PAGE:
Andy Rooney's Son Remembers the Eccentric, Doting Side of the Late '60 Minutes' Commentator
Brian Rooney describes the sometimes kooky, loving life of a dad who liked to watch houses burn down.
Andy Rooney delivered his first 60 Minutes commentary on July 2, 1978, railing against the media tradition of tallying highway deaths during holiday weekends. But Rooney, who died Nov. 4 at 92 of complications following surgery, worked at CBS for nearly 60 years and spent 30 years of his career behind the camera. He always considered himself a writer first. Rooney grew up in Albany, N.Y., was drafted into the Army in 1941 and won a Bronze Star for his reporting under fire at the Battle of Saint-Lo. Here, former ABC News correspondent Brian Rooney remembers his dad.
One year, on the night before Halloween, my father lined up his four children in the kitchen, handed us each a partial bar of soap, and said, "Get out and soap some windows."
He thought being a kid should be fun and a little reckless. We lived in a small town in Connecticut with lots of hills where he taught us how to ride a Flexible Flyer down streets hard-packed with snow. It didn't seem to trouble him that we had to dodge cars while doing it.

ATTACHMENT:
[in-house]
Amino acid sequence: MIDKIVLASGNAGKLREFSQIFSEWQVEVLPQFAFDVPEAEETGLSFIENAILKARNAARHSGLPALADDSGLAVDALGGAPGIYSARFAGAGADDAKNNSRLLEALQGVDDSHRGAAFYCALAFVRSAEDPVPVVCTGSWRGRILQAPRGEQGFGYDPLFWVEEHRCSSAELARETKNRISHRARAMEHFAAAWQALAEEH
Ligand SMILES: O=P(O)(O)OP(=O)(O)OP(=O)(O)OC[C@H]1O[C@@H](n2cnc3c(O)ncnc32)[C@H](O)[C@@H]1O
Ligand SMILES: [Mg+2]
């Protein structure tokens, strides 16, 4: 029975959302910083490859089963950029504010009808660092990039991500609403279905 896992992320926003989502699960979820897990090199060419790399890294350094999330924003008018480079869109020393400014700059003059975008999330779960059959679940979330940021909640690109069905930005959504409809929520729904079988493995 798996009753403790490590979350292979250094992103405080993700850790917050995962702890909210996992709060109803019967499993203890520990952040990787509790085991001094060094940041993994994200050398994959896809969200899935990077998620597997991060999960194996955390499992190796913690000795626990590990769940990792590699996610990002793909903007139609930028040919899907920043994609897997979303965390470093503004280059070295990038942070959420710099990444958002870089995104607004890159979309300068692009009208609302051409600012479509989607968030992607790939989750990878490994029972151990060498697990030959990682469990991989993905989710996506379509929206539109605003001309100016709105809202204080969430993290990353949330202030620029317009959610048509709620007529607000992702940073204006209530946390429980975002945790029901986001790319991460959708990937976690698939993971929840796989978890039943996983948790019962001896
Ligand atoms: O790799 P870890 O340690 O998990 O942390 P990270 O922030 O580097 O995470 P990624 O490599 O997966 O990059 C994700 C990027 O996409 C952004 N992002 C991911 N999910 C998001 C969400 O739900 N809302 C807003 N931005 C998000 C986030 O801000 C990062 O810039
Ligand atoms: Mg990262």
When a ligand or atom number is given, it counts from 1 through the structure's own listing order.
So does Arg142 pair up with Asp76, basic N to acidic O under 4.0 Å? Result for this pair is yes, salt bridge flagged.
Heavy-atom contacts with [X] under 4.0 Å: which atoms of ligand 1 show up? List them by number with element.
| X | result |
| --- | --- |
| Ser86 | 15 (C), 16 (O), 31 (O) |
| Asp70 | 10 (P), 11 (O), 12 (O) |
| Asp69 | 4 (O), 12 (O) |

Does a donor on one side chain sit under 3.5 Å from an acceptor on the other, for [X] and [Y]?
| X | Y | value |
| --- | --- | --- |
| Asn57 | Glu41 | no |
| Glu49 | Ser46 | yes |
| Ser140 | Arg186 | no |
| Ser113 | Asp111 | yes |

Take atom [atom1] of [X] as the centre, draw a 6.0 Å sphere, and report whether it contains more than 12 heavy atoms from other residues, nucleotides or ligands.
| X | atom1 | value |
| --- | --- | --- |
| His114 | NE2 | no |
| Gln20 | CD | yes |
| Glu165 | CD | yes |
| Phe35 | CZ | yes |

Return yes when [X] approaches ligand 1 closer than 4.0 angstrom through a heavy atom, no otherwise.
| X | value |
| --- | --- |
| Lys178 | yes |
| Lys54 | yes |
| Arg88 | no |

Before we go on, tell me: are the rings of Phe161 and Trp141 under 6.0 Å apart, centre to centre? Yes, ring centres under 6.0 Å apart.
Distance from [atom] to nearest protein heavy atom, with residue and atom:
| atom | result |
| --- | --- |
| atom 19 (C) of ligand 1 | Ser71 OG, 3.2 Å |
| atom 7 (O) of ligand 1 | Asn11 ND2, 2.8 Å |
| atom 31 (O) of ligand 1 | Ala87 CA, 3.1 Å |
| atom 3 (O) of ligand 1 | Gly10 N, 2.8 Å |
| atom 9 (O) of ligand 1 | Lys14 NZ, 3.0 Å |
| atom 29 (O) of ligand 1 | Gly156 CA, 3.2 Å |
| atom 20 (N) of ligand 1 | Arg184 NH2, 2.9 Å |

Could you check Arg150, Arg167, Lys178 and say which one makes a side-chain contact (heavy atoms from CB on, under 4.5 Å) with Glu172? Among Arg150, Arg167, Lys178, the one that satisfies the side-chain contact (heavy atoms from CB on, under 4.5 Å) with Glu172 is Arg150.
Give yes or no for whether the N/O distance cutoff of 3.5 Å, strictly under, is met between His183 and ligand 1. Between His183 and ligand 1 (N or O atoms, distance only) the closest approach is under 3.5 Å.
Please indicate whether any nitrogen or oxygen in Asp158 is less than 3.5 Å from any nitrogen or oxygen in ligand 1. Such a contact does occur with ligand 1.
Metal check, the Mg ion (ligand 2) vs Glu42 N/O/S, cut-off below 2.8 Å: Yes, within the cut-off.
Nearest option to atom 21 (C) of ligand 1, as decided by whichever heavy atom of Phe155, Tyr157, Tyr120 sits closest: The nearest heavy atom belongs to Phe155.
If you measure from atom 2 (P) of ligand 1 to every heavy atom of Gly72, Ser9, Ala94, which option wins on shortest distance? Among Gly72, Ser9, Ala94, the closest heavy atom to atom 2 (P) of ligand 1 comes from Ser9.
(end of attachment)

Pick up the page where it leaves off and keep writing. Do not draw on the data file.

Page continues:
He took us winter camping, without a tent. We made an igloo out of snow and went to sleep inside until the weather warmed, rain fell and it started to melt. I woke in the middle of the night to see him standing over the campfire, trying to dry our wet clothes.
We had a long toboggan that he hitched with a rope to the bumper of the family station wagon and dragged us all over town in a snowstorm. He drove with his head out the window looking back at us, and we'd shout, "Faster, faster!!"
He gave me my first pocketknife and taught me how to use a power saw. He said, "It doesn't seem right, but it's safer when your fingers are closer to the blade."
We had a volunteer fire department, and whenever a horn went off down at the fire station, he packed us all in the car and drove us across town to watch somebody's house burn down. He felt it was a civic duty.
My father was a man of his times. He did not hug you or tell you, "I love you." He didn't tell us we were wonderful. But if you had to get up at 6 a.m. to drive 300 miles, he'd get up at 5 and make you fresh popovers before you left.
Brian Rooney is one of Andy Rooney's four children and his only son. His sister Emily hosts Greater Boston, a PBS public affairs program.
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